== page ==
Rocky Mountain National Park: “The Great Lone Land”
Long before the tourists came, before the roads were built and the trails improved, an intrepid Englishwoman explored the vastness of what is now Rocky Mountain National Park.
Isabella Bird’s sojourn came in the fall of 1873 and winter of 1874, not long after the mountain man and before the area’s first ranches were established.
She recorded her impressions for posterity in one of my favorite books, “A Lady’s Life in the Rocky Mountains,” waxing poetic about the pristine landscape and vividly describing the hardships she encountered. She wrote:
“The scenery up here is glorious, combining sublimity with beauty ...
“This is an upland valley of grass and flowers, of glades and sloping lawns, and clumps of pines artistically placed ... and the mountains breaking into pinnacles of bold grey rock as they pierce the blue of the sky ...
“Deep, vast canyons, all trending westwards, lie in purple gloom.”
Bird explored the hard way: on horseback and on foot. Often alone.
Today’s visitors have it a little easier. But, unlike Ms. Bird, you won’t be alone out there.
Rocky Mountain National Park gets about 3 million visitors a year -- impressive when you consider it usually doesn’t open to vehicles till late May or early June and often closes by mid-October, due to heavy snowfall.
Climbing is a world-class pursuit there, but most visitors see it from the seat of their car. The smart ones get out and explore.
The park offers something for every ability. A physically handicapped visitor can see many of its wonders from a car, and hearty hikers can spend days tromping the rugged backcountry.
Trail Ridge Road, a paved highway that whisks you to each attraction, lake, beaver pond and trailhead, bisects Rocky Mountain National Park.
The road, a thread through the wilderness, takes visitors from Estes Park on the east to Grand Lake on the west, past meadows of grazing elk to alpine tundra at 12,000 feet, on the roof of the world.
At the park headquarters, the Beaver Meadows Visitor Center, you’ll see displays and exhibits, pick up a map or two, and catch a great introductory film.
Watch for wildlife – elk, deer, antelope, bighorn sheep, mountain lions and black bears. Foxes and coyotes. Marmots, ground squirrels and pika (a chubby relative of the rabbit). Plus peregrine falcons, gray jays, ptarmigan and countless other birds.
There are two entrances to the park on the east side: the Beaver Meadows Visitors Center and the Fall River Visitors Center, which sits at the entrance to the old Fall River Road.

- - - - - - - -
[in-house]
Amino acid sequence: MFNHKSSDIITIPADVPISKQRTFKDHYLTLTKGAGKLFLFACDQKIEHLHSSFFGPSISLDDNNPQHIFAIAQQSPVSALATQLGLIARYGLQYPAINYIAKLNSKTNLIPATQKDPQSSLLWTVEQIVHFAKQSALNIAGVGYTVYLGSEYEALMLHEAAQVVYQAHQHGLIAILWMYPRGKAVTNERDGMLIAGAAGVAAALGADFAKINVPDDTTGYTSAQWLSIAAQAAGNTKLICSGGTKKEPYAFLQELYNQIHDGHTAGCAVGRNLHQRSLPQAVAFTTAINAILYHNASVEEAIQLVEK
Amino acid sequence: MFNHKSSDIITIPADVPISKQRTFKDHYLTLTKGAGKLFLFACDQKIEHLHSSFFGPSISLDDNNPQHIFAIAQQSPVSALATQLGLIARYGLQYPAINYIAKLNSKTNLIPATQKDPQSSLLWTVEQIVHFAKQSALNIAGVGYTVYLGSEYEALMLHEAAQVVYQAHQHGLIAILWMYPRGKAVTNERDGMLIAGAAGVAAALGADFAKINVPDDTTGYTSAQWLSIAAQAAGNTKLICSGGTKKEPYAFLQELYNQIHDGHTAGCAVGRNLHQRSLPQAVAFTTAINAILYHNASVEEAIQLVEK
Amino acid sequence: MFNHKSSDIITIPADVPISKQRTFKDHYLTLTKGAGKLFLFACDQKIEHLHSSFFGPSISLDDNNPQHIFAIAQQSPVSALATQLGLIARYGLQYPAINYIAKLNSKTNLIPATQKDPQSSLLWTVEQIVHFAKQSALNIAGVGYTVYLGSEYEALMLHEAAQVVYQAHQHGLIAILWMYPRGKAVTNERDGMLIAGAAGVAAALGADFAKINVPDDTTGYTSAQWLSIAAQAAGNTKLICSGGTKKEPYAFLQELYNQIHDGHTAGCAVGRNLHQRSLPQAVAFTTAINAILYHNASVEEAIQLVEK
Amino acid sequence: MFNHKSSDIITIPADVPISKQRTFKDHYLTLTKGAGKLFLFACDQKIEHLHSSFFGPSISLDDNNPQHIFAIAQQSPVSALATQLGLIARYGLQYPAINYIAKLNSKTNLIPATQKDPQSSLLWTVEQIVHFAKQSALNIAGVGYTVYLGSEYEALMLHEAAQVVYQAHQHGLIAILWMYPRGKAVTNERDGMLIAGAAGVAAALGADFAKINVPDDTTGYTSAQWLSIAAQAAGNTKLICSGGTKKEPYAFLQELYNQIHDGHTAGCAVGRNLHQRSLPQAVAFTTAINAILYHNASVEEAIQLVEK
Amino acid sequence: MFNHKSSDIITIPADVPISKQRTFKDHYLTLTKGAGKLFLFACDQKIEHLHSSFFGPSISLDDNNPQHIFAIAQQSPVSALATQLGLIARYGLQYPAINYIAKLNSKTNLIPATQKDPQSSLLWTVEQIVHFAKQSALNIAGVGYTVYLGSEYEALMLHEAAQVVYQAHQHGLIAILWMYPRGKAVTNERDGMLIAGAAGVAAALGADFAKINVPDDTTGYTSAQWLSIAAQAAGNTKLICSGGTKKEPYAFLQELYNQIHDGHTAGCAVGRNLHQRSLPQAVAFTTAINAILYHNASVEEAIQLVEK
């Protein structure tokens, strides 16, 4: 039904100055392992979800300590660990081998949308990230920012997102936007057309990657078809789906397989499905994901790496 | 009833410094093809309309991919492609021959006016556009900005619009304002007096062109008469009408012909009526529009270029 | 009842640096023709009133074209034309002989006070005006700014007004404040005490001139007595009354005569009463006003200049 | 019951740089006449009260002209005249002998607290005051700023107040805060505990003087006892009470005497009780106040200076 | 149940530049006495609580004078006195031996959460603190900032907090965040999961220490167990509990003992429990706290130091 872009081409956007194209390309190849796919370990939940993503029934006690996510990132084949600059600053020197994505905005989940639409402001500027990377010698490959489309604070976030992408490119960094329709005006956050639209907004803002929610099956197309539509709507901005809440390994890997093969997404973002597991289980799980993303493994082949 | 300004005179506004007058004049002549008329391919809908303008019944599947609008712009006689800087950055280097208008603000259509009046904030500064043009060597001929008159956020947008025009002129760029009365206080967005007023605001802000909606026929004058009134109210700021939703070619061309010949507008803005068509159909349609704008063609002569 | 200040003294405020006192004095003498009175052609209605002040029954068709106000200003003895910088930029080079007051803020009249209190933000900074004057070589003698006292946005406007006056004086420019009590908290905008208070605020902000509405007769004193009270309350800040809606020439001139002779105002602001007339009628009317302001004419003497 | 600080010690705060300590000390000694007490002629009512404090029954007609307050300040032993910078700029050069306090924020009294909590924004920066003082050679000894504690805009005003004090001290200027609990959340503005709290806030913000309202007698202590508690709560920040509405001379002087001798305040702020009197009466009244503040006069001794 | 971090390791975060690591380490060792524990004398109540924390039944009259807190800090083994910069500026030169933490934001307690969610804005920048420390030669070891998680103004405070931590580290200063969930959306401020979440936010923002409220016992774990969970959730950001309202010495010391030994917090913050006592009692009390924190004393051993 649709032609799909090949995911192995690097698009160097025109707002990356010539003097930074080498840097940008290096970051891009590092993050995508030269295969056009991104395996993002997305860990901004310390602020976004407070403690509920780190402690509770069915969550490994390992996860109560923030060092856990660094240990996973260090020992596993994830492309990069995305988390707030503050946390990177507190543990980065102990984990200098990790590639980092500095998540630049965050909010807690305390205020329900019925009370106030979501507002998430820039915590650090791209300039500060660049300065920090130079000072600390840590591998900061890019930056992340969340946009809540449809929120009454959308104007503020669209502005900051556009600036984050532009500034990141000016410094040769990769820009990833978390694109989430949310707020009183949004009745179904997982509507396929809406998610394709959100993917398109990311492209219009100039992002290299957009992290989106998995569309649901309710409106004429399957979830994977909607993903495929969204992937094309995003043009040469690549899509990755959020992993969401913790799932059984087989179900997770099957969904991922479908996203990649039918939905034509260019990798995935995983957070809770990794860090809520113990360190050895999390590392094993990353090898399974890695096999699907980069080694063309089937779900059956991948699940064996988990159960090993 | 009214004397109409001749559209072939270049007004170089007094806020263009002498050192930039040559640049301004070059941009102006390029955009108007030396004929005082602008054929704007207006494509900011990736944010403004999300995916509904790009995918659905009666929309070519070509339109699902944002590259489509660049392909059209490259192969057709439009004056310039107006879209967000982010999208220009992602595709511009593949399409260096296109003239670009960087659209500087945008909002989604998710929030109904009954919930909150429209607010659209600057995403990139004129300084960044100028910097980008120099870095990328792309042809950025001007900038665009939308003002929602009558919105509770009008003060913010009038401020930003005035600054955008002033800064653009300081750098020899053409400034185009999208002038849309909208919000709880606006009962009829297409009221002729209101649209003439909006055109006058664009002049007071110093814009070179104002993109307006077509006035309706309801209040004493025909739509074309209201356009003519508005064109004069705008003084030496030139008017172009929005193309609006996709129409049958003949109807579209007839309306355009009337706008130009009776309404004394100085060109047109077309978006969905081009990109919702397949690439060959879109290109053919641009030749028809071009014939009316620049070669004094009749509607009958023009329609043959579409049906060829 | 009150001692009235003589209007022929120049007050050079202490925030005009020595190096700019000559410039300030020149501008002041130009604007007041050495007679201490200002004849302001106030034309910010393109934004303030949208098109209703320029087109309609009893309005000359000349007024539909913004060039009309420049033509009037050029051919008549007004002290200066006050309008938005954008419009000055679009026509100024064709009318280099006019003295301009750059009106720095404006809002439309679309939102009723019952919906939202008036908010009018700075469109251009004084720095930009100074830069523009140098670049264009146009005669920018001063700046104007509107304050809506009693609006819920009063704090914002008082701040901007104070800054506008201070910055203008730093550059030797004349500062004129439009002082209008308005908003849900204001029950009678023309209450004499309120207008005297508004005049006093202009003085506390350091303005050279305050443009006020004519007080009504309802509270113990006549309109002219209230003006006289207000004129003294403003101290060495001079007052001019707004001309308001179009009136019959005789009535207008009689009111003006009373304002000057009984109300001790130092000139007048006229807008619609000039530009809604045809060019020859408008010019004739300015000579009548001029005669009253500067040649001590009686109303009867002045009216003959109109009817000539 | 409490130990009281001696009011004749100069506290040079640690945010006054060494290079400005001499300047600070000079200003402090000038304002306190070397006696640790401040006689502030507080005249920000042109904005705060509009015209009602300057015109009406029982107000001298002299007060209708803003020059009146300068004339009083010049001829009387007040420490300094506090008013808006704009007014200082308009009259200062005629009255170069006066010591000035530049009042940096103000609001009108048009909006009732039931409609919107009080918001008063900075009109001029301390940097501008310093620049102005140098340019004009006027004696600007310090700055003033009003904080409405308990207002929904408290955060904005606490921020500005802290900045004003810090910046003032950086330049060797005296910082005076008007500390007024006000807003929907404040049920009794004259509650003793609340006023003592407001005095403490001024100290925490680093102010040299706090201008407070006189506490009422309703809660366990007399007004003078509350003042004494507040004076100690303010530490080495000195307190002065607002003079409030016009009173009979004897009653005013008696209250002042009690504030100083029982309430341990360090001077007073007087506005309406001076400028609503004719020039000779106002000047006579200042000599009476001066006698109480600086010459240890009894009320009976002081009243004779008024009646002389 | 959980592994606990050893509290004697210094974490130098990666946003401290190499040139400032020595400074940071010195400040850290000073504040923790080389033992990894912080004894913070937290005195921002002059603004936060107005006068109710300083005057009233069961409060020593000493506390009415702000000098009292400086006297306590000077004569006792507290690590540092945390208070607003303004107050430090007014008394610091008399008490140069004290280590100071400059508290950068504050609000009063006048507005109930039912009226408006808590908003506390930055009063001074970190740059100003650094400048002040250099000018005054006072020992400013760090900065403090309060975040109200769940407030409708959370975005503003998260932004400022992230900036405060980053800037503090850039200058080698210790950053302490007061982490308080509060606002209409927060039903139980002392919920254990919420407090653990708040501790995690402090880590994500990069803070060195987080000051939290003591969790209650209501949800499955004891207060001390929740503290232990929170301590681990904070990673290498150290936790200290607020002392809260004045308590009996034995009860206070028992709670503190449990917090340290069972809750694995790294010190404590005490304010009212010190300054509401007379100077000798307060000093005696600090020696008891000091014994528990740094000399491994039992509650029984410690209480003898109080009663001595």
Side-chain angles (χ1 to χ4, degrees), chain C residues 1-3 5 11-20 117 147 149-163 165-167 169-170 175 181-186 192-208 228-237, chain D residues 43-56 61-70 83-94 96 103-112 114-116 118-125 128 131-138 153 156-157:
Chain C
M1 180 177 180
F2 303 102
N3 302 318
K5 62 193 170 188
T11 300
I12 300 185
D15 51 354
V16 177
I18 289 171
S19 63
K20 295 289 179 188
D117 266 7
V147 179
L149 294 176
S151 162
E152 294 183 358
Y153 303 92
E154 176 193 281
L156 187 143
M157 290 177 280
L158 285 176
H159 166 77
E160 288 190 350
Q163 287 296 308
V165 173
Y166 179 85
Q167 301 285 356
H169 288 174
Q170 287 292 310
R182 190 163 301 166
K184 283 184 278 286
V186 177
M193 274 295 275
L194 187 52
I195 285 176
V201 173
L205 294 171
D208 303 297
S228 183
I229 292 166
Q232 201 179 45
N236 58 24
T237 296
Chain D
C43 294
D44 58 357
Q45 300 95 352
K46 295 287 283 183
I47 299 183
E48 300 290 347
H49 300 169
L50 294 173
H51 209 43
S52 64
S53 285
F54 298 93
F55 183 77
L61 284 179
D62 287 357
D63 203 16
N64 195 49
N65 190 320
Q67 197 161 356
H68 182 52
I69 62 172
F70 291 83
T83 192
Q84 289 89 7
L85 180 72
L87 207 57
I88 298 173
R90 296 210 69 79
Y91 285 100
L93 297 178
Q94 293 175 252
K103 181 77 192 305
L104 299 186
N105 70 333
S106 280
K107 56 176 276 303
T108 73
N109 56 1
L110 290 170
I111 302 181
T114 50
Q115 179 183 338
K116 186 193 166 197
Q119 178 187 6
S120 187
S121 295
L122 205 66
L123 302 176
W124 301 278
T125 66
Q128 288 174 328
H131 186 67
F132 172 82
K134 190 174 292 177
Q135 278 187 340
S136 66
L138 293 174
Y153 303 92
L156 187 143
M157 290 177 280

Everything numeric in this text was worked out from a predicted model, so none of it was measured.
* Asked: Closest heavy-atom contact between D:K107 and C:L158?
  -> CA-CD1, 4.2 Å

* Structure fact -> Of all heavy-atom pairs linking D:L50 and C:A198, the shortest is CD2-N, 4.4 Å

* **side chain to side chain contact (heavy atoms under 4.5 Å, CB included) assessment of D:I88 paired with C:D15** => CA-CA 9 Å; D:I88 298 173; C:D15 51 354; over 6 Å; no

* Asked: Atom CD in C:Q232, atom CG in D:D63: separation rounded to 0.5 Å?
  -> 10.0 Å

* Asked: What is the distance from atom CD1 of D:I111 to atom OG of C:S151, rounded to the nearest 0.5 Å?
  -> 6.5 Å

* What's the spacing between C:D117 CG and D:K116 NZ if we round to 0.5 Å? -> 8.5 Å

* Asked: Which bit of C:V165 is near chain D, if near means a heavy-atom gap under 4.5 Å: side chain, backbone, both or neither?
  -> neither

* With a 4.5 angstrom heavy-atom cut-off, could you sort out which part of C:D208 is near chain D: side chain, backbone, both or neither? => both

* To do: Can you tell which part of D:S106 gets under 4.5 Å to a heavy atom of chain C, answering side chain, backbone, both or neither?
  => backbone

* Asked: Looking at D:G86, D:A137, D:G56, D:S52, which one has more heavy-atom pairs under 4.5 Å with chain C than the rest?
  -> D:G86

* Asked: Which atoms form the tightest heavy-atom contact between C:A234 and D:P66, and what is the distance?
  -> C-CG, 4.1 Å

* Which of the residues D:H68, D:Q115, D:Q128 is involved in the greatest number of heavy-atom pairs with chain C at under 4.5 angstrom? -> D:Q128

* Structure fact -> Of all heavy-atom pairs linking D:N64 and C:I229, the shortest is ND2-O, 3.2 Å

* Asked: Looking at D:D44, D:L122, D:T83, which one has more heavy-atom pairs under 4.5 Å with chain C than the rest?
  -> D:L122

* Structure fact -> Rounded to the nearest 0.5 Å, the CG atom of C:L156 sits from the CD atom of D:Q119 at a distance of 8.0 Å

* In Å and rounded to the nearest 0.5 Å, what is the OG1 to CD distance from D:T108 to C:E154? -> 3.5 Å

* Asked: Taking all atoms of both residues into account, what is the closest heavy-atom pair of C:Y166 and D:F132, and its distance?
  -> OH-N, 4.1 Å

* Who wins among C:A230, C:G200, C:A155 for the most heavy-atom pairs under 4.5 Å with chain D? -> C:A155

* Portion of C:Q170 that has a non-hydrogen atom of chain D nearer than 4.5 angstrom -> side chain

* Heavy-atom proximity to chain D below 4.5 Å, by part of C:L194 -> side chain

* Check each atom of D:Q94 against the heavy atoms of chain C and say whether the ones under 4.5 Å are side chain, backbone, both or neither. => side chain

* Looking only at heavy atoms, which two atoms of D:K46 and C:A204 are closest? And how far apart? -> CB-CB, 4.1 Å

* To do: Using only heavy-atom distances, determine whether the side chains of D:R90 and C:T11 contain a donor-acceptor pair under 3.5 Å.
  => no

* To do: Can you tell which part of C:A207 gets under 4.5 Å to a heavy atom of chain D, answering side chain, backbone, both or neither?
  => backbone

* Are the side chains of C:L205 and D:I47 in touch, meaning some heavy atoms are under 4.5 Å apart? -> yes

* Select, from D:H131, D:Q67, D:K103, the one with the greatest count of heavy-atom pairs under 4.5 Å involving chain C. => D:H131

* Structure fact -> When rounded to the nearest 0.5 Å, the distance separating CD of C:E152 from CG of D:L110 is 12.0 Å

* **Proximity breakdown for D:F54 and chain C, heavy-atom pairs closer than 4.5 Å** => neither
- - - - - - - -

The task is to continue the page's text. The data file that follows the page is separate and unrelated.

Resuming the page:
Trail Ridge Road is paved; Fall River Road is not. The original road through the park, Fall River is open a shorter part of the year (because it isn’t plowed) and it’s less traveled than Trail Ridge. But it offers its own attractions. Go up Fall River Road and come back down Trail Ridge Road, to avoid repeating the entire experience. It doesn’t take a 4-wheel-drive or high-clearance vehicle to navigate Fall River Road, but take it slow. There are no service stations up there.
Fall River Road winds through numerous switchbacks, past high alpine ponds and with a number of pull-outs where you can sit on a warm rock, listen to the wind and smell the pines.
The top of Fall River Road intersects with Trail Ridge Road. At this juncture there is another visitors’ center, if you need a break. There’s also a hiking trail carved out of the tundra up to a cold, windy peak where wind speeds of up to 200 mph have been recorded, but as a reward offers panoramic views of the Gore mountain range.
In a single day, you can drive up into a thunderstorm, which turns to sleet, then snow, and back down through rain and into sunshine again.
In short, it’s a fascinating, ever-changing place.
Bird called it “the great lone land” and “one of the most extraordinary spots on earth.”
Millions of people think she had it right.
IF YOU GO:
For more information on Rocky Mountain National Park, you can call 970-586-1206 or online at www.nps.gov/romo.
Linda DuVal is the former travel editor for The Gazette, a freelance travel writer and winner of several Lowell Thomas awards. She is the co-author of Insider’s Guide to Colorado Springs and writes a local Web site, Pikes Peak on the Cheap (www.pikespeakonthecheap.com).
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